Finally, prepare staff for other assignments. Staff transfers should be implemented in ways that facilitate good transitions and training for new assignments. If COs are transferred into new jobs, such as from confinement to community corrections, they should receive adequate OJT; they should not be given the assignment with little or no acclamation to the new duties. Also, COs should understand the different philosophies of corrections. Working on a squad is part of the punishment philosophy; inmates are punished through incarceration and the courts taking away their liberties (this does not mean that inmates should be mistreated). COs who are transferred into programs should be trained in the treatment philosophy-inmates working through programs to correct their criminal behavior. If a CO transfers into community corrections, community service, etc., they should be given orientations in the prevention philosophy. Community corrections staff works with inmates to prevent future criminal behavior.

When a CO is promoted, he or she should attend supervisors training-how to manage people, evaluations, coaching, employee discipline, problem employees, leadership, etc. Gone are the days where a new sergeant gets the stripes and is told: ‘you have been here a while-you know what to do’. Supervisors training must address the issue of supervising the people that you worked with, and now you are their boss. Remember-promoting and developing good supervisors is a positive legacy for your agency.

In summary, the three flights of stairs to a professional staff develops your staff, maintains good professionalism in your staff, and prepares them for promotions, new job assignments and better job performance. When you get to the top, taking your time on each step, your agency will benefit.

Reference:
Lt. Gary F. Cornelius, retired, Power Point Presentation: Correctional Officer Deviance, Edinboro University of Pennsylvania, Kevin E. Courtright Ph.D., Department of Criminal Justice, Anthropology, and Forensic Studies, October 16, 2020.

Lt. Gary F. Cornelius retired in 2005 from the Fairfax County (VA) Office of the Sheriff, after serving over 27 years in the Fairfax County Adult Detention Center. His prior service in law enforcement included service in the United States Secret Service Uniformed Division. His jail career included assignments in confinement, work release, programs and classification.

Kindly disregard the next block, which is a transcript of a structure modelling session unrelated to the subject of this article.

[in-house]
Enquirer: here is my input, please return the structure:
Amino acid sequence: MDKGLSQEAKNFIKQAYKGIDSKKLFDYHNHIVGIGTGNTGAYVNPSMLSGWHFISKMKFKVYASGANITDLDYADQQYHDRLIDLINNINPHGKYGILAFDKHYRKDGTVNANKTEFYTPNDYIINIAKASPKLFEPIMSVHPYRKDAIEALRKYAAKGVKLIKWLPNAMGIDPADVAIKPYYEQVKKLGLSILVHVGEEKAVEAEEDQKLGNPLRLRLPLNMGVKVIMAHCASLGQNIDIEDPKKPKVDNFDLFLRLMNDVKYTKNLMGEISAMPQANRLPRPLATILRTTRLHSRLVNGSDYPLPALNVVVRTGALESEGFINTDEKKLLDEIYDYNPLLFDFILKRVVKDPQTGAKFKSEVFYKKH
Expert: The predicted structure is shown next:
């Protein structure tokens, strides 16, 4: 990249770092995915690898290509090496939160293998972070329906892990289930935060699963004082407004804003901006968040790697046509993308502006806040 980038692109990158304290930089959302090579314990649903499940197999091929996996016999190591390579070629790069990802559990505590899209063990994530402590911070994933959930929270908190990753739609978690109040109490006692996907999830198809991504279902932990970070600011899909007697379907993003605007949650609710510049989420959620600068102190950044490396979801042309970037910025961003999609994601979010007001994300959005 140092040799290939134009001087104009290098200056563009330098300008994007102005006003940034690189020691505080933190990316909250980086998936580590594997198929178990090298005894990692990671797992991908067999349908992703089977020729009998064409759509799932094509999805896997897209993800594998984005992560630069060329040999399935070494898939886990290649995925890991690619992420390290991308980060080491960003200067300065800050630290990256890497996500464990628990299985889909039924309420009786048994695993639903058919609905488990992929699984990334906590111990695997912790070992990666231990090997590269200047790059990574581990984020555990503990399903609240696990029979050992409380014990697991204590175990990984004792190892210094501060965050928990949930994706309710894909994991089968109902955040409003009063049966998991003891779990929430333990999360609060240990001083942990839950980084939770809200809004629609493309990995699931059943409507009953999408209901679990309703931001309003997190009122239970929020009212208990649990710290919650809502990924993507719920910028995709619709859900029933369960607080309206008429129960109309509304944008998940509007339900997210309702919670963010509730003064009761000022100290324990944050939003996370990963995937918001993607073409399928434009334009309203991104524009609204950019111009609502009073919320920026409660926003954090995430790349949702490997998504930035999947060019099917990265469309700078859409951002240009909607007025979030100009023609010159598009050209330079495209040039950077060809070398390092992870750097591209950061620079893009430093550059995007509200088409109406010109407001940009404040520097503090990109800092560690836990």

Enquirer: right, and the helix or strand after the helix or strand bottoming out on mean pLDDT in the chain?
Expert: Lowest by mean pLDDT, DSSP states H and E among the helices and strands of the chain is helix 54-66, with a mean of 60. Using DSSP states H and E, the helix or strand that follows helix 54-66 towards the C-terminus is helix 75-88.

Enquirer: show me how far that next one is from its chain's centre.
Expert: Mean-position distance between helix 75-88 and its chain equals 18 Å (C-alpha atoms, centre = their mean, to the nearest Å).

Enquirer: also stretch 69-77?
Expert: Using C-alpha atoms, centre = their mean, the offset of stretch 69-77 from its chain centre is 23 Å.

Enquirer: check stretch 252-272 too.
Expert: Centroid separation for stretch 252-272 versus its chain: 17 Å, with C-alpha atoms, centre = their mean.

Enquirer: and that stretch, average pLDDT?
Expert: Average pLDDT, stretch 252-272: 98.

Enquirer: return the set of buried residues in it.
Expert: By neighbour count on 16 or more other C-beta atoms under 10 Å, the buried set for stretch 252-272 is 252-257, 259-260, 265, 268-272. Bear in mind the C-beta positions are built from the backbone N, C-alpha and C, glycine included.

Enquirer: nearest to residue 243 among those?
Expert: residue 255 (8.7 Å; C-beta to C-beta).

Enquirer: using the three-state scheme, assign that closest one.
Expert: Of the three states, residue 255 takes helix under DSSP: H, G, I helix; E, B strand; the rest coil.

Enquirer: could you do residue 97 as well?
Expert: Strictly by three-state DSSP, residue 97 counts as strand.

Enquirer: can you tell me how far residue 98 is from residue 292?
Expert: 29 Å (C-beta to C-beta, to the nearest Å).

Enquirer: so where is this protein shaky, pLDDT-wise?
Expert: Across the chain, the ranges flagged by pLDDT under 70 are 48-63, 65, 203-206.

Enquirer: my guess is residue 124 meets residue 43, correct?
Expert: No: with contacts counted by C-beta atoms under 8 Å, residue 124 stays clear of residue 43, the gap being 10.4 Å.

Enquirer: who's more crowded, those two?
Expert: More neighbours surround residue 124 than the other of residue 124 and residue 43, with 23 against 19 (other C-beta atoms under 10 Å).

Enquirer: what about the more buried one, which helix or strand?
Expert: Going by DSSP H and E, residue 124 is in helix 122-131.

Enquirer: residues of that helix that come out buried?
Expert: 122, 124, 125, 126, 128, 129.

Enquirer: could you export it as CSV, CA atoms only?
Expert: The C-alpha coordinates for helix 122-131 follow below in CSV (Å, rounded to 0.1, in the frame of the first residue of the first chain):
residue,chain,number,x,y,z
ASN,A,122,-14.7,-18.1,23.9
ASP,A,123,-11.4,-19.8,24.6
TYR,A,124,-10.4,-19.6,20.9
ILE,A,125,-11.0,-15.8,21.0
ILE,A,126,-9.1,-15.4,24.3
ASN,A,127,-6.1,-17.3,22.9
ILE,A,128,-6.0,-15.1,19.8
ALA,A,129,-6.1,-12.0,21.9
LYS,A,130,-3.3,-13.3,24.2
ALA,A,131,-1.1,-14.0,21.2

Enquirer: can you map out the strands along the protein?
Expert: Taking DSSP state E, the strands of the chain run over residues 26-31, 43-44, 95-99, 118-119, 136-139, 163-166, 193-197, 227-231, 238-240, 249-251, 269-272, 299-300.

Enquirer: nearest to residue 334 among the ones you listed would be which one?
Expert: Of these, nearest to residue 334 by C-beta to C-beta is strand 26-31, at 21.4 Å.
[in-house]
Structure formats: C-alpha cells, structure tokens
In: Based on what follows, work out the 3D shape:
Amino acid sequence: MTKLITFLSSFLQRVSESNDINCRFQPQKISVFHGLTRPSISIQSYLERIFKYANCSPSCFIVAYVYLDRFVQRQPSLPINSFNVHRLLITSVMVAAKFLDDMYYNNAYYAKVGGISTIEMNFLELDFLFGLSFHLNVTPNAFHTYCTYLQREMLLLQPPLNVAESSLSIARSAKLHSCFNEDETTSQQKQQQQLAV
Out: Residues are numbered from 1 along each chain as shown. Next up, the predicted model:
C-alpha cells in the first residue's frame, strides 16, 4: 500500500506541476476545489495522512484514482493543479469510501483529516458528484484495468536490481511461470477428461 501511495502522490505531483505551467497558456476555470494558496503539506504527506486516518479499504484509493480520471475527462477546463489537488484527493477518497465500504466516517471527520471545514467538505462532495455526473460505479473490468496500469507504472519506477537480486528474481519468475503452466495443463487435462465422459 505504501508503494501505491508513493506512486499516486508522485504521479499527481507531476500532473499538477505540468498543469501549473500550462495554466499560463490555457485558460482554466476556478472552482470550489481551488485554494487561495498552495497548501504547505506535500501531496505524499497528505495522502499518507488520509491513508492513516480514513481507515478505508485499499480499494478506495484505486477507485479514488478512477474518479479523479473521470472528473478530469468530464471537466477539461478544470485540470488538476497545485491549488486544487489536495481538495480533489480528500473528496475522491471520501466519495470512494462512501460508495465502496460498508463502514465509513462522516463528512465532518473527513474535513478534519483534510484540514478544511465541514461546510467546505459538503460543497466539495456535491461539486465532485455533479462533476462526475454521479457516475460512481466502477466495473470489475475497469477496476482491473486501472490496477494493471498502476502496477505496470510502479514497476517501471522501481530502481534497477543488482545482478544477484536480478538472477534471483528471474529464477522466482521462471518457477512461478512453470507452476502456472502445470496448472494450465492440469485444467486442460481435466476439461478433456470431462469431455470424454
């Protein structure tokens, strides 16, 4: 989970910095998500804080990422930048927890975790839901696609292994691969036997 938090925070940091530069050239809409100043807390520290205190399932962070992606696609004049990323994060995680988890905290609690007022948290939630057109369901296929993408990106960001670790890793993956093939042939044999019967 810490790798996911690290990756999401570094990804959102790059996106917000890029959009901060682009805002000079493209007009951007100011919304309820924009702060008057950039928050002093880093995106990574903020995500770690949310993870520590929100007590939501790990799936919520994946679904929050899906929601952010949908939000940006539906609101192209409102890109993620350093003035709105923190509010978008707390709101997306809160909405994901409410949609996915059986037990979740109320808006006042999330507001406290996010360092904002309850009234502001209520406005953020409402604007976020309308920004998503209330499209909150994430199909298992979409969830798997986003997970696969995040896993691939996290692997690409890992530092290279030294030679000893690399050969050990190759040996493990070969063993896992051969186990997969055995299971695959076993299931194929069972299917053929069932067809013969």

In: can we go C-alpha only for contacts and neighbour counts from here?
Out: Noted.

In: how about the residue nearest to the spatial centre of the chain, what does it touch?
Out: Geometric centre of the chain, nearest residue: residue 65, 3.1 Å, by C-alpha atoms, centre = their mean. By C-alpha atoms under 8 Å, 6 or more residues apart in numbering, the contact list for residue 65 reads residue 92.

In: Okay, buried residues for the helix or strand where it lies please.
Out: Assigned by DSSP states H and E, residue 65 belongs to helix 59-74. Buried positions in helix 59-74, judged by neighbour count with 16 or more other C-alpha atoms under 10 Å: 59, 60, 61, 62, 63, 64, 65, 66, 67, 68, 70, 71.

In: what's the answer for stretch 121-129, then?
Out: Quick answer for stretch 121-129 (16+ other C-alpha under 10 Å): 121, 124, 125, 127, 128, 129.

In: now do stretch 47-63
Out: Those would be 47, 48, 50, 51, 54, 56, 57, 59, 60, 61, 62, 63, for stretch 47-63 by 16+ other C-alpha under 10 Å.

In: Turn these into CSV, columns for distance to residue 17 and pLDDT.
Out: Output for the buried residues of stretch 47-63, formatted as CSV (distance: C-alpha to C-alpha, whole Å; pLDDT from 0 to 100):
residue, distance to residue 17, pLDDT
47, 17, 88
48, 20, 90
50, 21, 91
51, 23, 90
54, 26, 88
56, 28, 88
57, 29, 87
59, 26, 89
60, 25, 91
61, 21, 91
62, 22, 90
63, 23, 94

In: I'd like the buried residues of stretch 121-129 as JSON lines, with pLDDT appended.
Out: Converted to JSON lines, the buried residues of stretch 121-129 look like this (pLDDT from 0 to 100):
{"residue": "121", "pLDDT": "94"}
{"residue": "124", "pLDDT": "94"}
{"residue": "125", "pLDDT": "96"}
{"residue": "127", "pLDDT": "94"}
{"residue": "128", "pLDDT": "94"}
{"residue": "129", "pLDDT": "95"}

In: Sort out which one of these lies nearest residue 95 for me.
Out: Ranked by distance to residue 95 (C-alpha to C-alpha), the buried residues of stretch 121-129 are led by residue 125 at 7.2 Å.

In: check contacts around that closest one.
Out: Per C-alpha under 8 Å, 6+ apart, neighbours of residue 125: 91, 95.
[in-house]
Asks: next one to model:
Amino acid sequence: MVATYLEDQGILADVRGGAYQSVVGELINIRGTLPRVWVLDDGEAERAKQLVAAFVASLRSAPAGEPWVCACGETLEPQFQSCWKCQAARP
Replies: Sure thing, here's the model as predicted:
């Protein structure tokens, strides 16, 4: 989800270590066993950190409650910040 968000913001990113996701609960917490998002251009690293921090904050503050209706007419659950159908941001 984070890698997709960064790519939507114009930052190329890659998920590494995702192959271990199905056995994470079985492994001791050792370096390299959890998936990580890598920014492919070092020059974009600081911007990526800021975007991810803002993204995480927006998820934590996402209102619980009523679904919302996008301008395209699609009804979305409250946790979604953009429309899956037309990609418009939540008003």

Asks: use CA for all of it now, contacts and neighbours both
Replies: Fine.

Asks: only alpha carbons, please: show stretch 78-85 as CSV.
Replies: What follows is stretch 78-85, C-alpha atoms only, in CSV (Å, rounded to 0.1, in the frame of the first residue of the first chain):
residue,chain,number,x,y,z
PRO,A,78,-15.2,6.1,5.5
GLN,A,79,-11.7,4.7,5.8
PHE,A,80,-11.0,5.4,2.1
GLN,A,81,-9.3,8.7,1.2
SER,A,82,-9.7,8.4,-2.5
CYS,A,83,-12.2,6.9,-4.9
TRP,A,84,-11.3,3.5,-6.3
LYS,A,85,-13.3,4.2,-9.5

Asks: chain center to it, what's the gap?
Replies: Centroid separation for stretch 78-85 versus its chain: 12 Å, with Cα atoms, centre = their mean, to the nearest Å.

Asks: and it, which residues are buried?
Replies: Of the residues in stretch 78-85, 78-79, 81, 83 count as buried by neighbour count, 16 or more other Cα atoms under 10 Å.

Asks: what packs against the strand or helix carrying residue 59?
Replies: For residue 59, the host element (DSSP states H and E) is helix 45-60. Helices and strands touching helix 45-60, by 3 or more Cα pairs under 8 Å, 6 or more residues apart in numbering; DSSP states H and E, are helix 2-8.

He has been an adjunct faculty member of the Criminology, Law and Society Department at George Mason University since 1986, where he has taught four corrections courses: punishment and corrections, community corrections, jails and preparation for internship. He also teaches corrections in service sessions throughout Virginia, and has performed training and consulting for the American Correctional Association, the American Jail Association and the National Institute of Justice. He has also presented webinars and Skype presentations on correctional issues. His latest book, The Correctional Officer: A Practical Guide: Third Edition was published in April 2017 by Carolina Academic Press. He has authored several other books in corrections, including The Art of the Con: Avoiding Offender Manipulation, Second Edition, (2009) from the American Correctional Association, and The American Jail: Cornerstone of Modern Corrections, (2008) from Pearson Prentice Hall. Gary has received a Distinguished Alumnus Award in Social Science from his alma mater, Edinboro University of Pennsylvania and an Instructor Appreciation Award from George Mason University. In January 2011, Gary started a blog “Tales from the Local Jail” on The Corrections Connection (www.corrections.com) followed in December 2012 by his second blog, “Talks About Training” on Corrections One (www.correctionsone.com). Gary has served on the Board of Directors of the International Association of Correctional Training Personnel (IACTP) representing local adult corrections. He has corrections projects in development, including, a new second edition of The Twenty Minute Trainer, from the Civic Research Institute, and a new third edition of Stressed Out: Strategies For Living and Working in Corrections from Carolina Academic Press. Gary has appeared on CNN, MSNBC and Tier Talk, discussing corrections security, training and staff issues. He presents training for InTime Solutions and Lexipol. He resides in Williamsburg, Virginia.